Investigation of how procurement practices influence business survival: analysis of buyer - supplier relationships in Zimbabwe's banking industry

Dahwa, Masimba Phillip (2010) Investigation of how procurement practices influence business survival: analysis of buyer - supplier relationships in Zimbabwe's banking industry. [Thesis (PhD/Research)] (Unpublished)

[img]
Preview
PDF (Introductory Pages)
Dahwa_2010_front.pdf

Download (2974Kb)
[img]
Preview
PDF (Whole Thesis)
Dahwa_2010_whole.pdf

Download (2604Kb)

Abstract

The study of procurement practices influence on business performance sparked interest among many researchers during the last two decades. However, very little literature deals directly with how firms‘ procurement practices influence business performance. Also, most of the reviewed articles on procurement practices are conceptual rather than empirical in nature. As a result, many firms continue to struggle attempting to devise bespoke procurement practices link to overall business performance. It is against this back drop that this research seeks to fill this void by conducting empirical case studies at twenty-eight firms operating in the world worst ever turbulent environment. The results of this research study attempt to determine the interconnection between firms‘ procurement practices and business performance. This study therefore provides critical insights into key drivers of procurement practices in buyer - supplier firms and the effect they have on business performance. As such, the research was titled, 'Investigation of how procurement practices influence business survival: An analysis of buyer – supplier relationships in Zimbabwe‘s banking industry'. To explore the research problem exhaustively, three research questions were examined in this study. The first research question sought to explore firms‘ prevalent perceptions of importance and performance of procurement practices effect on business performance. The second research question sought to ascertain differences and similarities in firms‘ perceived importance and performance of procurement practices effect on business performance. Finally, the third research question sought to identify prevalent gaps within and between firms‘ perceptions of importance and performance of procurement practices effect on business performance. A combination of case study and survey approaches were used to establish and explore firms‘ perceptions of importance and performance of procurement practices effect on business performance. The targeted respondents for this study comprised of firms senior, functional and first line managers with direct or in-direct involvement or responsibilities with buyer and supplier firms‘ procurement activities. A total of 112 managers, participated in either face-to-face interviews or surveys, and 44 of the managers took part in the face-to-face interviews lasting between 30 and 35 minutes per respondent with at least two managers from each case study organization being interviewed at different times. The same respondents were later asked to participate in completing a self administered survey questionnaire. A further 68 managers were asked to participate in self administered survey questionnaire send to them online bringing the total number of participants involved in the survey to 112. The main research results show that firms‘ procurement practices effect on business performance were interconnected by 28 exhibits of the seven trust attributes which exist within and between firms. Further, the research findings show both similarities and differences in firms‘ perceptions of importance and performance of procurement practices effect on business performance. However, four major gaps were identified as having significant influence on buyer and supplier firms‘ perceptions of importance and performance of trust attributes in procurement practices effect on business performance. Also, MLOGIT statistical analysis was carried out to test the main hypothesis of this research study showed that firms‘ perceptions of importance and performance of procurement practices effect on business performance was significant (p = 0.03). Further, the test showed that when we adjust for the seven constructs of trust in procurement practices, buyer firms perceptions of importance and performance of procurement practices effect on businesses performance appear to have about 20% (RR = 1.20) higher than that of suppliers firms. However, the difference in firms‘ perceptions of importance and performance of procurement practices in business performance (survival) between suppliers and buyer firms was not significant (P = 0.43). Also, this research study contributes to the existing research knowledge in the broader area of supply chain management. In reaching a conclusion from reviewed literature and overall research findings, it is suggested that firms‘ procurement practices identified in this research study are broadly classified, as either 'high or low trust procurement practices'. This model is developed based on further insights gained from reviewed literature and the research findings of this study. The 'high trust procurement practices' exhibited a single maturity of the seven attributes of trust in procurement practices while the 'low trust' procurement practices exhibited an immaturity. It is therefore concluded based on the findings of this research study that success or failure of firms‘ procurement practices in influencing business survival is largely dependent on four broad issues: (1) the drivers of procurement practices in firms; 2) interactions within and between key stakeholders involved in firms procurement practices; 3) the firms‘ perceptions of importance and performance of procurement practices effect on business performance and; 4) level of prevalent gaps in point 2 and 3. However, the limitations of this research are also discussed and suggestions made to replicate the findings of this study research in different sectors and economies to establish whether specific conclusions arrived at in this research study are supported under different settings and contexts.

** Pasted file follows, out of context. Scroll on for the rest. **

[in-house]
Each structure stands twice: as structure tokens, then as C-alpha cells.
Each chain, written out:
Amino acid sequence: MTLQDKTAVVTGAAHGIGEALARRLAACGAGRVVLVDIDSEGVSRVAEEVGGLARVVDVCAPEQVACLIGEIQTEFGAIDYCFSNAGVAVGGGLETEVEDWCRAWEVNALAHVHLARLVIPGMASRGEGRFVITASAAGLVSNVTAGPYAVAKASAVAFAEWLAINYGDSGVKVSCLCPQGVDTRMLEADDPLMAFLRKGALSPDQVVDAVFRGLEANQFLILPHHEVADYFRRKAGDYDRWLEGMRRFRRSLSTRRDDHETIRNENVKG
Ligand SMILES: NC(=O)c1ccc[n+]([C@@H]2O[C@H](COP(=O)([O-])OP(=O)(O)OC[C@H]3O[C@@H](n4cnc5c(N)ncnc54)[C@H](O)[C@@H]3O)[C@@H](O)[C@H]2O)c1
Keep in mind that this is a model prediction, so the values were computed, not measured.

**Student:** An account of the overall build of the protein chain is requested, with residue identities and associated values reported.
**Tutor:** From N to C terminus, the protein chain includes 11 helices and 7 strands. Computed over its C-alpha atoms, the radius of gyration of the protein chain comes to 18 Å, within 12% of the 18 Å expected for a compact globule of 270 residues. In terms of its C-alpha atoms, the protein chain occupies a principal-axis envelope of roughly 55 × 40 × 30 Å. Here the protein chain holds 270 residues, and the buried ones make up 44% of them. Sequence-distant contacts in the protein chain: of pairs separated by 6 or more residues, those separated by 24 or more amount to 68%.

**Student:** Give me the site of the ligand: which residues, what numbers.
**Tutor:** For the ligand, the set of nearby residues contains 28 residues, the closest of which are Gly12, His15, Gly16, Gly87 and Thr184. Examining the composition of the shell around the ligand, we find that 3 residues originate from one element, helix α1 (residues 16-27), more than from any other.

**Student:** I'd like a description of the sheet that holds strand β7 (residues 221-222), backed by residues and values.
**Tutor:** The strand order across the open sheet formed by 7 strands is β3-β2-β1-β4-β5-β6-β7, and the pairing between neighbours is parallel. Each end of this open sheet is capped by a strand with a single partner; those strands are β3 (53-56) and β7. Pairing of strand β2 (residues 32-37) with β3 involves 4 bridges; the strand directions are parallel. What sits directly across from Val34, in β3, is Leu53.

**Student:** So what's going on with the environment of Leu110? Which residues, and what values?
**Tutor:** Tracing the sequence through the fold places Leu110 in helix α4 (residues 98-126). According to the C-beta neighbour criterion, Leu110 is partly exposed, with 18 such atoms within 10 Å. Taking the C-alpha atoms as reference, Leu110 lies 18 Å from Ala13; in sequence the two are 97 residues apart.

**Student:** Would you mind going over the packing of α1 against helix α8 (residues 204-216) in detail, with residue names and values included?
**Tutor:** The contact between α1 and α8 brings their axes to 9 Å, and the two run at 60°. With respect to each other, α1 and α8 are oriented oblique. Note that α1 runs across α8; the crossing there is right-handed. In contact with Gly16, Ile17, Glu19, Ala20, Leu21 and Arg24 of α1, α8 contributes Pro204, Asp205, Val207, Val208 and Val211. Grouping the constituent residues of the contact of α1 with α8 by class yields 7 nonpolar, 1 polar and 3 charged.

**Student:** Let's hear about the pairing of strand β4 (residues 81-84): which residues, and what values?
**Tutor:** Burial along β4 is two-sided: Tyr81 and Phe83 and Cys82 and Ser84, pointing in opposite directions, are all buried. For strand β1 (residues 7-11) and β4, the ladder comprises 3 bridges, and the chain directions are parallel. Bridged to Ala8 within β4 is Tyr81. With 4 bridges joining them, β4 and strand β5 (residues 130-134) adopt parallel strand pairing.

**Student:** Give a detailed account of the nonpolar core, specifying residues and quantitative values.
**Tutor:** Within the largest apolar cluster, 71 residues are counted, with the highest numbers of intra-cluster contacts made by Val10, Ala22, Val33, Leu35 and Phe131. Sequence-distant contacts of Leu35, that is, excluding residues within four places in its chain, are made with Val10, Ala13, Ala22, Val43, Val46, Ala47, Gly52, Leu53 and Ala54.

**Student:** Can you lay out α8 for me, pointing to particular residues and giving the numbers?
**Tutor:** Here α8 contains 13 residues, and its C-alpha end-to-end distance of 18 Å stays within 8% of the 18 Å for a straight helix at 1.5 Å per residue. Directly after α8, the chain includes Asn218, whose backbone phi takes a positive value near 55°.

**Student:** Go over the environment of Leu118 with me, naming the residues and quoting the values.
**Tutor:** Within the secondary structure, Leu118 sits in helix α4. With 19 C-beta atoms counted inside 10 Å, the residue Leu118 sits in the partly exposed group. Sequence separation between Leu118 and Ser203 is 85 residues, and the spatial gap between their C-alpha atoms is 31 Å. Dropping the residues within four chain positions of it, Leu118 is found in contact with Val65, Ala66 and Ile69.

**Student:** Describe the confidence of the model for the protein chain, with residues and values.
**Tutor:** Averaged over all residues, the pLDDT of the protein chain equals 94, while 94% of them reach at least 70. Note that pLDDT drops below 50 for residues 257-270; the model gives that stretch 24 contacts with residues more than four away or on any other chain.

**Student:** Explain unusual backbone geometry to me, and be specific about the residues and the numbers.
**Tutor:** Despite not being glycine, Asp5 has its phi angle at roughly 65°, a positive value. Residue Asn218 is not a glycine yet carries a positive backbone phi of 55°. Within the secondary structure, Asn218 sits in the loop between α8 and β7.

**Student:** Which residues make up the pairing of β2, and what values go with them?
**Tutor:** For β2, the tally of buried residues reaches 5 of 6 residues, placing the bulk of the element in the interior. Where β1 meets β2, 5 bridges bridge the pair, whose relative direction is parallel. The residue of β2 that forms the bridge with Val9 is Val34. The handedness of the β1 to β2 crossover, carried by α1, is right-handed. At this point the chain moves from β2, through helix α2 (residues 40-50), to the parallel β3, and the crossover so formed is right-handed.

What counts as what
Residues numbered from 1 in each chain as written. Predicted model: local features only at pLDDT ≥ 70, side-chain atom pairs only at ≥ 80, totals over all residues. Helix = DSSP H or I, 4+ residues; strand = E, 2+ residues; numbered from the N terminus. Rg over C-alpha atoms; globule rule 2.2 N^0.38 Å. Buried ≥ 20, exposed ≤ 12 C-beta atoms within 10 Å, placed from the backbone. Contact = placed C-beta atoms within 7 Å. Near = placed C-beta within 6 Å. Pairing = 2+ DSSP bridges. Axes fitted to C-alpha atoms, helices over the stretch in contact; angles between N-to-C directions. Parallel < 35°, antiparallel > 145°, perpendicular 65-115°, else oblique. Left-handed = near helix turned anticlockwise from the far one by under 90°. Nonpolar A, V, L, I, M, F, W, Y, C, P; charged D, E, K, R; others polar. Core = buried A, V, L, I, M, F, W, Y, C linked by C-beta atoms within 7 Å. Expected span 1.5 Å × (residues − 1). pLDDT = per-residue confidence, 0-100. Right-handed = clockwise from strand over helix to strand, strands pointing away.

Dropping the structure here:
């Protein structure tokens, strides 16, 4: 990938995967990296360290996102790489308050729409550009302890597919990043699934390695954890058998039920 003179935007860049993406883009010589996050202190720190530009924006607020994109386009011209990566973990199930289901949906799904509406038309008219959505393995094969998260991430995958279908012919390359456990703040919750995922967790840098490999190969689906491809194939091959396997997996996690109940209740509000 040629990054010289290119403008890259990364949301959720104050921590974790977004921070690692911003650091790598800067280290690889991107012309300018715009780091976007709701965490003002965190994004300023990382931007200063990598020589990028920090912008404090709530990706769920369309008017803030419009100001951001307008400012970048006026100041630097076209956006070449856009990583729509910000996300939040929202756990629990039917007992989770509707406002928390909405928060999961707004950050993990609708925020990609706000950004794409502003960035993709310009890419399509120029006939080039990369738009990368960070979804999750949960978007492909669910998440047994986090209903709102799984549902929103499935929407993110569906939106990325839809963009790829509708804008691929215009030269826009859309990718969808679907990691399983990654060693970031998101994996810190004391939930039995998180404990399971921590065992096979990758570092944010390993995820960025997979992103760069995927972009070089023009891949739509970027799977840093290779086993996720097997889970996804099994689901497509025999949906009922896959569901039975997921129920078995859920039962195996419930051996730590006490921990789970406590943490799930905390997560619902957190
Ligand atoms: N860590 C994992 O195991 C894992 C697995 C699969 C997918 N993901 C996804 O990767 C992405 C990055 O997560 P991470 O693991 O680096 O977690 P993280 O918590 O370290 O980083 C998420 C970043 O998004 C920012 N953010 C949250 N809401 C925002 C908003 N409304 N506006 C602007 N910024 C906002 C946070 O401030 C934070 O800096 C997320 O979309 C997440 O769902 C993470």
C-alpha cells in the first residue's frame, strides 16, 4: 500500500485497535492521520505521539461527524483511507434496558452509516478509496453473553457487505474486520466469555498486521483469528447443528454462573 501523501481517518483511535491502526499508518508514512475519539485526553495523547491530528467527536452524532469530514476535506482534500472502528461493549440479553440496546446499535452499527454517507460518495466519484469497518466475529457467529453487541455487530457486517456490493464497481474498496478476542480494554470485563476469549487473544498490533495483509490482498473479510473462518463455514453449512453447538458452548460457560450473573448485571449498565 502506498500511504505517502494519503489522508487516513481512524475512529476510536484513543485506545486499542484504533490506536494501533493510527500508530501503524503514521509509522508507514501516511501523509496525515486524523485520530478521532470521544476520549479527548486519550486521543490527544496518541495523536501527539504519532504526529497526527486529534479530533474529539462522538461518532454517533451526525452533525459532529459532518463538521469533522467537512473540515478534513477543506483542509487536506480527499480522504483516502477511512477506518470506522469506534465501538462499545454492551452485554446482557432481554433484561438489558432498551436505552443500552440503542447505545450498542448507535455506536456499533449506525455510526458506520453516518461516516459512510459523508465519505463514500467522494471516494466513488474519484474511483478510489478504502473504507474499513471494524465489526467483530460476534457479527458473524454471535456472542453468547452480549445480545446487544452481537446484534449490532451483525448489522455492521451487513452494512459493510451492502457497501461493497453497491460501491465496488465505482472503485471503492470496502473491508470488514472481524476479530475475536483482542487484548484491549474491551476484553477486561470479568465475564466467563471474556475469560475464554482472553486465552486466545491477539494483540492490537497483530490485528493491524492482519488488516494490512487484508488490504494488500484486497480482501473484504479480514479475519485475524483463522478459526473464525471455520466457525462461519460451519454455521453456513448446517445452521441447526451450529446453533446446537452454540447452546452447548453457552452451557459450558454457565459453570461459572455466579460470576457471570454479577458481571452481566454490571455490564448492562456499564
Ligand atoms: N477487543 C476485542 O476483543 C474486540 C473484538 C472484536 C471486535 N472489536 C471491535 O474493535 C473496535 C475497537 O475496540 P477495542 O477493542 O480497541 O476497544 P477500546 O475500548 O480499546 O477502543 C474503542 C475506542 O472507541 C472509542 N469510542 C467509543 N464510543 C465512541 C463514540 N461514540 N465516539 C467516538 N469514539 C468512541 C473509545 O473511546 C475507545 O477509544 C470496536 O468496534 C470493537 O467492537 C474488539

Statistics for USQ ePrint 19483
Statistics for this ePrint Item
Item Type: Thesis (PhD/Research)
Item Status: Live Archive
Additional Information: Doctor of Business Administration (DBA)(Research) thesis.
Depositing User: ePrints Administrator
Faculty / Department / School: Historic - Faculty of Business - School of Management and Marketing
Date Deposited: 12 Aug 2011 03:49
Last Modified: 03 Jul 2013 00:44
Uncontrolled Keywords: procurement; practices; trust; performance; important; business; survival; stakeholders; buyer; supplier; case study; Zimbabwe; banking industry
Fields of Research (FOR2008): 15 Commerce, Management, Tourism and Services > 1503 Business and Management > 150312 Organisational Planning and Management
URI: http://eprints.usq.edu.au/id/eprint/19483

Actions (login required)

View Item Archive Repository Staff Only